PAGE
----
Цитата: Чебурашка от 28.10.2020 00:08:34Пока текущие даты5 ноября - пробная заправка27 ноября - собственно огневое испытание
ЦитатаSLS Green Run Testing Status UpdateKathryn HambletonPosted Oct 27, 2020 at 5:04 pmNASA is progressing through the Green Run test series for the Space Launch System (SLS) rocket at the agency's Stennis Space Center in Mississippi and has completed six of the eight tests. The team is preparing to stand down for another tropical weather system that is heading to the area. The pause in work comes ahead of the most complex tests: wet dress rehearsal, when propellant will be loaded for the first time, and hot fire, when all four engines will be fired and every system within the stage will operate. During the pause, engineers will continue to assess data from recent tests to ensure the team is ready to proceed to the next phase of testing. Green Run testing is a complex series of tests to methodically and thoroughly check all the rocket's core stage systems together for the first time to ensure the stage is ready for flight. Check back at this blog for an update on adjusted dates for the Green Run wet dress rehearsal and hot fire tests, after the storm has passed.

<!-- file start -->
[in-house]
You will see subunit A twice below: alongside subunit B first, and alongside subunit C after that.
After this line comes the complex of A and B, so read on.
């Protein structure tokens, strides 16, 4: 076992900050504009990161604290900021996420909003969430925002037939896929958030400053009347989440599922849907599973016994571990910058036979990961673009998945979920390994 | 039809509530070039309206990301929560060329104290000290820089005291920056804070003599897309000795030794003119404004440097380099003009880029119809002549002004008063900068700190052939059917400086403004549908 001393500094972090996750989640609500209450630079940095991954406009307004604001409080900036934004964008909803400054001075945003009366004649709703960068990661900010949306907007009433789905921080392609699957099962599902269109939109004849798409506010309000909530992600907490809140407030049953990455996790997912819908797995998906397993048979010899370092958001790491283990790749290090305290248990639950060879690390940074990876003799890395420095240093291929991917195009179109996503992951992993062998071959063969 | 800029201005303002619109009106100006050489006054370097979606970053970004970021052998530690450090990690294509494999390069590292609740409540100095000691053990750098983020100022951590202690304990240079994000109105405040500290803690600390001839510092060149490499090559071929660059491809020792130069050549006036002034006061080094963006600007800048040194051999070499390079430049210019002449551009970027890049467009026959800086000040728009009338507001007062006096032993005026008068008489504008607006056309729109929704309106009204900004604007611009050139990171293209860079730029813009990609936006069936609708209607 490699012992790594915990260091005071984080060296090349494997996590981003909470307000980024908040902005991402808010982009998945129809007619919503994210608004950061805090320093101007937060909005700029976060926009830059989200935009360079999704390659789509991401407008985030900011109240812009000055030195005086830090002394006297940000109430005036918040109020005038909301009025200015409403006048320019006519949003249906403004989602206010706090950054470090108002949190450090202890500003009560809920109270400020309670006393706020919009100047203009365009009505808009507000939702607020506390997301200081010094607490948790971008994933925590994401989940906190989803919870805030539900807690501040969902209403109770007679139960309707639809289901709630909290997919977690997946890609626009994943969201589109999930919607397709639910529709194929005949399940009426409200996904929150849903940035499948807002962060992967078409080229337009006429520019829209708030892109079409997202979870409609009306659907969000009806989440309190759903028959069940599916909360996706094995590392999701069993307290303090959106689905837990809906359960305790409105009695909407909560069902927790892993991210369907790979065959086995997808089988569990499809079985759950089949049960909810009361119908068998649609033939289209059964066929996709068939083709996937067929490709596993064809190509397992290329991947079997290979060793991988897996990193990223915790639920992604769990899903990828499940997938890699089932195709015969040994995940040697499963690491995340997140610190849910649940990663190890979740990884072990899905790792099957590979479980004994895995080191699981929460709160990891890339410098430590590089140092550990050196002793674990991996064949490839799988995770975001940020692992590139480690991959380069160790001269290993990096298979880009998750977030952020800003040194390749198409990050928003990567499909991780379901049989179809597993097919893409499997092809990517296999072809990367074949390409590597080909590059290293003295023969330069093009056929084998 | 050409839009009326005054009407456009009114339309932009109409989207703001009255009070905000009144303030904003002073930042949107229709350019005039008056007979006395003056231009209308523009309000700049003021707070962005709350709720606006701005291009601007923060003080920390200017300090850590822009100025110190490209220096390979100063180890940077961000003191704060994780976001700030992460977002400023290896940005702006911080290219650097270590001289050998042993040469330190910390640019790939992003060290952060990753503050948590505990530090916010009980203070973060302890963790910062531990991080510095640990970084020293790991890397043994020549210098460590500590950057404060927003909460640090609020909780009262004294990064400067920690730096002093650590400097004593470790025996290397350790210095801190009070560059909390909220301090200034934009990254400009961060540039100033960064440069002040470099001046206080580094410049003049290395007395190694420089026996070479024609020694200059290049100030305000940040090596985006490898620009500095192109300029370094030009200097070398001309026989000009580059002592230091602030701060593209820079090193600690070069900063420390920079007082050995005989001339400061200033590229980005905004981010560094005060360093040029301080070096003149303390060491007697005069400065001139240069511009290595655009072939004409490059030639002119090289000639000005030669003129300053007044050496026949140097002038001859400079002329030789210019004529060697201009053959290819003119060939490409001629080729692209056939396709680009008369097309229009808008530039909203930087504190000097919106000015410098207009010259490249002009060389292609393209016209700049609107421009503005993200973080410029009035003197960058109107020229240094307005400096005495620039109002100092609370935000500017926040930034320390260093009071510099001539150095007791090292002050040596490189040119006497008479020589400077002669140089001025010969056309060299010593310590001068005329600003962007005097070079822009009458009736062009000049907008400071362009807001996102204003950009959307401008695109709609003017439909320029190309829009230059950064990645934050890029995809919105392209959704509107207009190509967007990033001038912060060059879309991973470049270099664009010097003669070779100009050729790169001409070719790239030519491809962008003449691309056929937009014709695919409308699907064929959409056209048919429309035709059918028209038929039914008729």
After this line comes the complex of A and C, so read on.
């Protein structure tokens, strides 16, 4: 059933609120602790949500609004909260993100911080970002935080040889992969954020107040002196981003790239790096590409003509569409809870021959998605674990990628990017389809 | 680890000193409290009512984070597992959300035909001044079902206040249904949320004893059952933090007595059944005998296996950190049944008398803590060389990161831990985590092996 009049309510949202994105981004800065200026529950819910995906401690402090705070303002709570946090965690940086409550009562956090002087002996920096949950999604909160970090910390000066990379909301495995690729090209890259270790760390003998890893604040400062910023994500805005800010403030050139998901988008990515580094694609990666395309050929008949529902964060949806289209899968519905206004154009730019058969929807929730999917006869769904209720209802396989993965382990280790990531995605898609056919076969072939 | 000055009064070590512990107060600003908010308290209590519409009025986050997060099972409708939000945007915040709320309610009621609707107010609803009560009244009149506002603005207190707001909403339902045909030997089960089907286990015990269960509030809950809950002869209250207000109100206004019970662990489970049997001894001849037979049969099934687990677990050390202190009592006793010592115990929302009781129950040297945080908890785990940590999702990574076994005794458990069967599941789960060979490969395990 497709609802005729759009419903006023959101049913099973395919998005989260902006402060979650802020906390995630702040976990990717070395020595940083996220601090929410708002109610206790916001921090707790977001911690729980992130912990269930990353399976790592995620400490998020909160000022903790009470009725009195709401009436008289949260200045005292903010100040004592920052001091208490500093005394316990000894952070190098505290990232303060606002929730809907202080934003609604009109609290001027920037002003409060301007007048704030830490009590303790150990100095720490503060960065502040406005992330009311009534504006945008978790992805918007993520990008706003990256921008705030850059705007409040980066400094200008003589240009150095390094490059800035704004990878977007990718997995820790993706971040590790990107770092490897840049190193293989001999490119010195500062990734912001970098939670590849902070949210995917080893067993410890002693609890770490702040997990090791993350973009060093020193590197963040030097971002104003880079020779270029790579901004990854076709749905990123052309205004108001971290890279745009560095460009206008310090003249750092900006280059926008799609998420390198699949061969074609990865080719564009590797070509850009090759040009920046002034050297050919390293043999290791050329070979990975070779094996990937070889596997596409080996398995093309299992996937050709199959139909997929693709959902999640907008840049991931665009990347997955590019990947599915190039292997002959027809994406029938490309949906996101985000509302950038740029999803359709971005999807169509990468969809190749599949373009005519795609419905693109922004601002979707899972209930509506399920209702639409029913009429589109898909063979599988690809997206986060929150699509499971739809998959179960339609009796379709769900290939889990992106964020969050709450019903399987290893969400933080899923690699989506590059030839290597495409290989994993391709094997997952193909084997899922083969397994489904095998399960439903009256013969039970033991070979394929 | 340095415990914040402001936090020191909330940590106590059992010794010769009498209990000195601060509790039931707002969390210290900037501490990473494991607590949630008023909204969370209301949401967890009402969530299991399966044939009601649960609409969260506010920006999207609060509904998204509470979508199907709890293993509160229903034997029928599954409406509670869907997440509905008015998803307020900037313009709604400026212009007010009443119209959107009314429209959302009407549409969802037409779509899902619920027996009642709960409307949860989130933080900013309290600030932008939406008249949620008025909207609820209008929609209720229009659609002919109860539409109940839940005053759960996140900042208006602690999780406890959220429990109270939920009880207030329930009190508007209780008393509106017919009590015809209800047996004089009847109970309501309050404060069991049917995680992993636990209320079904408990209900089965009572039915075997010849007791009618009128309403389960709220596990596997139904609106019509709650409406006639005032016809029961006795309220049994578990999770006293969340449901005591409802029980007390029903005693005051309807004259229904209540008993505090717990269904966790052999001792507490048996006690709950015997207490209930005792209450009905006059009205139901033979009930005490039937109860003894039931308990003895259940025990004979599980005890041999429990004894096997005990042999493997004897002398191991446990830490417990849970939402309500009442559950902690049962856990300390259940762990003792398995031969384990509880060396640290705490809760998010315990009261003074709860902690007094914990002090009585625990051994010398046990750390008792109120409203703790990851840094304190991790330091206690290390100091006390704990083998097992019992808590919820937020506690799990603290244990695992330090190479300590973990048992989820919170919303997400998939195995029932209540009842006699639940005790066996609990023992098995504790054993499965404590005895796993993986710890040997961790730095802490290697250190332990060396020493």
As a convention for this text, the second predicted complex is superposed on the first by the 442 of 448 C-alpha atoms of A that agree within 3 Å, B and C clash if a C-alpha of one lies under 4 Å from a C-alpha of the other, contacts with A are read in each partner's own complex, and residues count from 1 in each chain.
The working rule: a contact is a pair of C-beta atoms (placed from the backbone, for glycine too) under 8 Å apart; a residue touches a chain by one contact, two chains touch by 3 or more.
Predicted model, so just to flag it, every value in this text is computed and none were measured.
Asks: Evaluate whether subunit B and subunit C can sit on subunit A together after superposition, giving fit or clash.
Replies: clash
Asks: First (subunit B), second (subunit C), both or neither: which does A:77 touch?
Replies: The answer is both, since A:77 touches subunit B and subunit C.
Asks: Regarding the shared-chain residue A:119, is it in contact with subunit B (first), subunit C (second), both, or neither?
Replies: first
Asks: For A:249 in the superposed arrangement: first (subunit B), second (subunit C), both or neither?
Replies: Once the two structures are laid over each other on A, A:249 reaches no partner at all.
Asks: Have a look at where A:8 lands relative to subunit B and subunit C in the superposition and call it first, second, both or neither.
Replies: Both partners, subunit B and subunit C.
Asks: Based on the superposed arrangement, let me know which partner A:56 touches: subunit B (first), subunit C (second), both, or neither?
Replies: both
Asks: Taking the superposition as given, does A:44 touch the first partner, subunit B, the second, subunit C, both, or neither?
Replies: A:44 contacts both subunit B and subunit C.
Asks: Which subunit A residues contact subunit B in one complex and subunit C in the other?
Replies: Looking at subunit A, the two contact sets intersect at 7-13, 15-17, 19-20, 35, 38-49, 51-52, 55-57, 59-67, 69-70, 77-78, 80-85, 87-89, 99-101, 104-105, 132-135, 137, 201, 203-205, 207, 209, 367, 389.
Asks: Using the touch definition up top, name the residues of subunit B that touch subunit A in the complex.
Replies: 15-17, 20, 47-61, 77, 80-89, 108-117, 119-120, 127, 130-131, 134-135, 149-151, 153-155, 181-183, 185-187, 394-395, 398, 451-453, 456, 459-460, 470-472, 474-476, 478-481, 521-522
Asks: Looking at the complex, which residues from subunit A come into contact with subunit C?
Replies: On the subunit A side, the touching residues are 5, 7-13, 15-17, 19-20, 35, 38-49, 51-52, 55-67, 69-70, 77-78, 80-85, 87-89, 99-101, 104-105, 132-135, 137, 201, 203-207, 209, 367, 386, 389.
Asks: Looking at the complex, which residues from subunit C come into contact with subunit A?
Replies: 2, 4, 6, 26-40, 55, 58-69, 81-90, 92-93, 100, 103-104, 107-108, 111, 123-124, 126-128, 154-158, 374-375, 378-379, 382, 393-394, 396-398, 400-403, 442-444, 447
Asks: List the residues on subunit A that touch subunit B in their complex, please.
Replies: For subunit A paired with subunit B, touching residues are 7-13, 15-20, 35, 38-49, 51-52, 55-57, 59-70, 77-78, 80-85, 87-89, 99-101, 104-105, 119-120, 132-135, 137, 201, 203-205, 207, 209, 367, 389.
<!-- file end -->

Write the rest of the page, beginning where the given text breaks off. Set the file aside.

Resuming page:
Цитата Stephen Clark @StephenClark1 1 ч. назадUpdate from Stennis Space Center spokesperson after Hurricane Zeta: "We didn't sustain any damage to the test stand or (SLS) core stage. The center is back to normal operations."
ЦитатаPrelim info notes the Artemis-1 Core Stage weathered Hurricane Zeta without damage. However, the SLS Green Run test schedule is under evaluation due to issues with a LH2 prevalve, and TVC performance during testing.
Цитата: Чебурашка от 31.10.2020 21:05:40Интересно, сколько прототипов старшипа успеет построить один фигляр, пока заслуженная фирма поменяет клапан?